Gerry went on to say that 6.001 essentially languished until sometime around 2007, when a committee got together and redesigned the introductory EECS curriculum to be what is now 6.0[012]. He didn't say whether he was on that committee, but I got the impression he was not. He appeared to be speculating when he offered the reason why Python was chosen. It was an offhand remark, something to the effect of (and I'm paraphrasing here), "And why Python? I suppose there were already good libraries for controlling these robots."

It sounded like Gerry explicitly chose not to fight any battles at all on this issue, and simply walked away resigned to the fact that computer programming, and engineering in general, are much different now than they were when he, Hal and Julie wrote SICP.

Two more things:

* I don't recall Gerry using the word "practical" even once while reciting his short anecdote.

* Gerry continues to teach with Scheme, not Python, in 6.945, his advanced topics course.

It sounds like a healthy attitude. It's not like Scheme and Python are radically different languages.

Yeah, sure, I'm not saying it is in this case. Just that it's one of those words to watch for.

We're talking about the user interface to computational machines. There is no abstract "right" or "wrong" and no context-insensitive "practical" or "impractical."

He wanted to do a course about robots, and according to him, the interface to the robots was Python, which was otherwise an adequate language.

If you want to make a case to the contrary, it should be rooted in the specifics of the situation.

    (define (deriv f)
       (define (f-prime x)
         (/ (- (f (+ x dx)) (f x))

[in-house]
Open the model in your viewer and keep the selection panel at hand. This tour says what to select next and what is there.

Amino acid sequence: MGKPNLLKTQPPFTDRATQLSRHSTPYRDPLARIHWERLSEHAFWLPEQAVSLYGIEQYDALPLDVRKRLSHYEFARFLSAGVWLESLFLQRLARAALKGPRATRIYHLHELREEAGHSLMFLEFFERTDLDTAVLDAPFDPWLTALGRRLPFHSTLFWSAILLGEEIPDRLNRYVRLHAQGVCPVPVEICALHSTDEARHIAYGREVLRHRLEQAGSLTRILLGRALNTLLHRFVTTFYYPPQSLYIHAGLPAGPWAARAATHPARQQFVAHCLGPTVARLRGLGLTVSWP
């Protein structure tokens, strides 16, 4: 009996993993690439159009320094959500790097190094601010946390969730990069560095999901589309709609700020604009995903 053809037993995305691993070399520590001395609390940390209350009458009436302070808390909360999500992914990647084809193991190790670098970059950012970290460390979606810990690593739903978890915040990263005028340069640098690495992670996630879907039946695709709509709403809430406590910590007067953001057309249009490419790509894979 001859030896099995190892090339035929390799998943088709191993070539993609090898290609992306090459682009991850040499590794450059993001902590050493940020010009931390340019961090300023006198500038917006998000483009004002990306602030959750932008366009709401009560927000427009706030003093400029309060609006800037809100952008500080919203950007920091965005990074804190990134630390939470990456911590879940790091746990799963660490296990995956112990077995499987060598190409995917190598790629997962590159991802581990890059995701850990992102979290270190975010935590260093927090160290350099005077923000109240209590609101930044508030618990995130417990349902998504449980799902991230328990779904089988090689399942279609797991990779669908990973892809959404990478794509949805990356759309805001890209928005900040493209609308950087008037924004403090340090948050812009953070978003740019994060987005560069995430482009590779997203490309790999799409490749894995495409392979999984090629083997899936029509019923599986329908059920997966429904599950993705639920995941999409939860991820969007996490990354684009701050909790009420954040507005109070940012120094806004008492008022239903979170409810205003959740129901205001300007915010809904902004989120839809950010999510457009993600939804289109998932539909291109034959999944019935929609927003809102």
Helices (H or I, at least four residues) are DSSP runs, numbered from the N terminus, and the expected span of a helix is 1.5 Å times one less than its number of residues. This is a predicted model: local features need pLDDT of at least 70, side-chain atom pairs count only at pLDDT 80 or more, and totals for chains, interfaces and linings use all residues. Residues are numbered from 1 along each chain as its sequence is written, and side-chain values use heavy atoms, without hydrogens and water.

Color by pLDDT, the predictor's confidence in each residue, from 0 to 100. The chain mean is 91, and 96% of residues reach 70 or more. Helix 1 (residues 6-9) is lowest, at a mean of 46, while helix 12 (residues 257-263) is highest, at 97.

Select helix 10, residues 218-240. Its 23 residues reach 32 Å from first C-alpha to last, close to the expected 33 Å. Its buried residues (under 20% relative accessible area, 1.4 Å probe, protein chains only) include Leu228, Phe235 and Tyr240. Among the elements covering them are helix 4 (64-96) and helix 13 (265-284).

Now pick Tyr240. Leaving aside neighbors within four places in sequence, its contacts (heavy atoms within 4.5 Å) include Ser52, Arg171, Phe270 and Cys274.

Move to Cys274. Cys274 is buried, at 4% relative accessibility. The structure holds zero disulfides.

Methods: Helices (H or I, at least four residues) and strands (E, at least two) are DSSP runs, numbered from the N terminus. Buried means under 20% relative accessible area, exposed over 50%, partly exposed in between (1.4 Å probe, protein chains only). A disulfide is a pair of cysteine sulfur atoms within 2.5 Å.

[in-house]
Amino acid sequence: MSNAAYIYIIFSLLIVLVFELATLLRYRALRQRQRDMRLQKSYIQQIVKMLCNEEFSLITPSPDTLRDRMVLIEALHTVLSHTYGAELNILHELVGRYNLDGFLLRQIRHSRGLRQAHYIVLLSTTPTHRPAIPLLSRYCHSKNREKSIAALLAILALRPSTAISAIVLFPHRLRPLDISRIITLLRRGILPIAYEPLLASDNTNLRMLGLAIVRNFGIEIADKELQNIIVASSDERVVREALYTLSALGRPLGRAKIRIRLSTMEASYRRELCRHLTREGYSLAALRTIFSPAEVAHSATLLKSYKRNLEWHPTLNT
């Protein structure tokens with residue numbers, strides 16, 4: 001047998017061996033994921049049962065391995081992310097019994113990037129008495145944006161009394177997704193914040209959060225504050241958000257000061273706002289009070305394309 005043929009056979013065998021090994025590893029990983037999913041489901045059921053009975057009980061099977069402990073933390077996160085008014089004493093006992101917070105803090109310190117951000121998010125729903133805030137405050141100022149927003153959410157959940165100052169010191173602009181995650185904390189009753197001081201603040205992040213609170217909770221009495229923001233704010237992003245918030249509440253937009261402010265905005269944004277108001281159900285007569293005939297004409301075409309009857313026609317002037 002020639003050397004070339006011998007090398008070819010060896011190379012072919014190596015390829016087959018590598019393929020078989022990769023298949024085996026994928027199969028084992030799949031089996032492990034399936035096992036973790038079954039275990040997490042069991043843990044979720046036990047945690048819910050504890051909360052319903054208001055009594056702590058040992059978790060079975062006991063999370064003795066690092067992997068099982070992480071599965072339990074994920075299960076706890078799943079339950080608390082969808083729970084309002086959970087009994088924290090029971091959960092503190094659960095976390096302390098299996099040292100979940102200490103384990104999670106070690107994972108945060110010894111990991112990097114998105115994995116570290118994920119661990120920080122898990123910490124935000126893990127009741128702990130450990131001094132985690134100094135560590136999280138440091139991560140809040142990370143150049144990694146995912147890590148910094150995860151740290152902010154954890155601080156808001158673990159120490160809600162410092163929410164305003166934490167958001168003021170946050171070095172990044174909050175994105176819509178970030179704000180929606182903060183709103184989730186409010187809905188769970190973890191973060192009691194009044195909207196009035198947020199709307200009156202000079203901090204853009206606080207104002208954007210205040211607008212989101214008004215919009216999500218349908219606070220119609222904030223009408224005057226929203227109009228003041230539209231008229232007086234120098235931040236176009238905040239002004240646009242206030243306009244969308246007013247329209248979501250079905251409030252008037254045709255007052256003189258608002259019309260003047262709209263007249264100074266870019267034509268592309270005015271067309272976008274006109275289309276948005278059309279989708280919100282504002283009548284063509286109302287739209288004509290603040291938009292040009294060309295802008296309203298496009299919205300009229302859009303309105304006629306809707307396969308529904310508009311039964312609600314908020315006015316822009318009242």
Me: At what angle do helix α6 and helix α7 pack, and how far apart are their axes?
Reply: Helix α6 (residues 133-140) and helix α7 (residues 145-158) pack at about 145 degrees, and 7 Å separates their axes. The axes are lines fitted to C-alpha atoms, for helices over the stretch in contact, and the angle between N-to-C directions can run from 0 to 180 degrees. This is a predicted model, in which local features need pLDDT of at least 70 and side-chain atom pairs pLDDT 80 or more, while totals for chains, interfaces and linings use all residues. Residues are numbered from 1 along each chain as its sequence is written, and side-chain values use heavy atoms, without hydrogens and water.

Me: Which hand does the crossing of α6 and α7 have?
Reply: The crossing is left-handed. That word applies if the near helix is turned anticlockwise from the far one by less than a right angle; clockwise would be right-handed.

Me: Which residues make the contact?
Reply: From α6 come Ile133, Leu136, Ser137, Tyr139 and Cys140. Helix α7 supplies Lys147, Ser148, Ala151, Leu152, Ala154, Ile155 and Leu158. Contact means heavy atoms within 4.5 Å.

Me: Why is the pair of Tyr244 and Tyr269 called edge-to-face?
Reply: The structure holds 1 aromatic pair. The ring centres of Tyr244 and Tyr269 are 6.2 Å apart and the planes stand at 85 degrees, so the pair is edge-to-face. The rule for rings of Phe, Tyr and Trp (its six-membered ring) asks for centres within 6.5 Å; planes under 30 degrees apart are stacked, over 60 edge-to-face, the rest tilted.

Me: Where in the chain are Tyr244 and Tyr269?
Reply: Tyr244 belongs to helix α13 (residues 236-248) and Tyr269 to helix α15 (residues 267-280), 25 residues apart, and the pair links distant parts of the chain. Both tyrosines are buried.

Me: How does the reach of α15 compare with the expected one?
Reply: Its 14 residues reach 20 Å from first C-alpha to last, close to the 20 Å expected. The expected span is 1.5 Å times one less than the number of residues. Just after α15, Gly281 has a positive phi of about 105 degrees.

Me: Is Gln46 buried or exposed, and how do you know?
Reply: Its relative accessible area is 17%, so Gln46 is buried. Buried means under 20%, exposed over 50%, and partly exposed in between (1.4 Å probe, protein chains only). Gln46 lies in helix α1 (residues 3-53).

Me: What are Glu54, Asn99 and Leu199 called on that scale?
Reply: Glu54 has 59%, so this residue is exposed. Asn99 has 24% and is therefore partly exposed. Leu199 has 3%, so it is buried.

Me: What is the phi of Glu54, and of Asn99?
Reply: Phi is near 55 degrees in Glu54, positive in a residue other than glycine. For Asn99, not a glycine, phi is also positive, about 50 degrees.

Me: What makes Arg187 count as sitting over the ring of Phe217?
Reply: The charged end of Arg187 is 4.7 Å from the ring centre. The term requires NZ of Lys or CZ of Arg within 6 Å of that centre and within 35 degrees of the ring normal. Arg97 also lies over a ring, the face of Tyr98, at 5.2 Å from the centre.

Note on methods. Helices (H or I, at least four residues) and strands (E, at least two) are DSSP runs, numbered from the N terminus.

jeez, I wish it was easy to do that in Python. Python's main limitation, IMSHO, is lack of homoiconicity. Yes, I said it!

I hate to be the guy who's always saying the same thing but, that is easy in python.

  dx = 0.00001

  def deriv(f):
      return lambda x: \
             (f(x + dx) - f(x))/dx

  In [11]: def cube(x):
     ....:     return x*x*x

  In [12]: deriv(cube)(5)
  Out[12]: 75.000149996640175
I'd also so that most (high school) educated people find infix easier to read than prefix, so isn't the homoiconicity a detriment to readability in this example (and any involving mid sized arithmetic expressions).

I love scheme (alot more than I do python), but the only example that seems "impossible" to do is to implement a large subset of <language> in <language>.

You could obviously implement, a scheme-ish lisp in python, but there are alot of advantages to the host and guest languages being similar (or so that berkley professor would have me believe) that you would miss out on.

(You would also need a scheme expression reader in python... which I'm just itching to write now ... )

the example is from sicp: http://tinyurl.com/cubk49

actually, you can do it pretty easily with lambda... but it's just not the same somehow. You can't (in the general case) use Python to generate Python, except at the text level.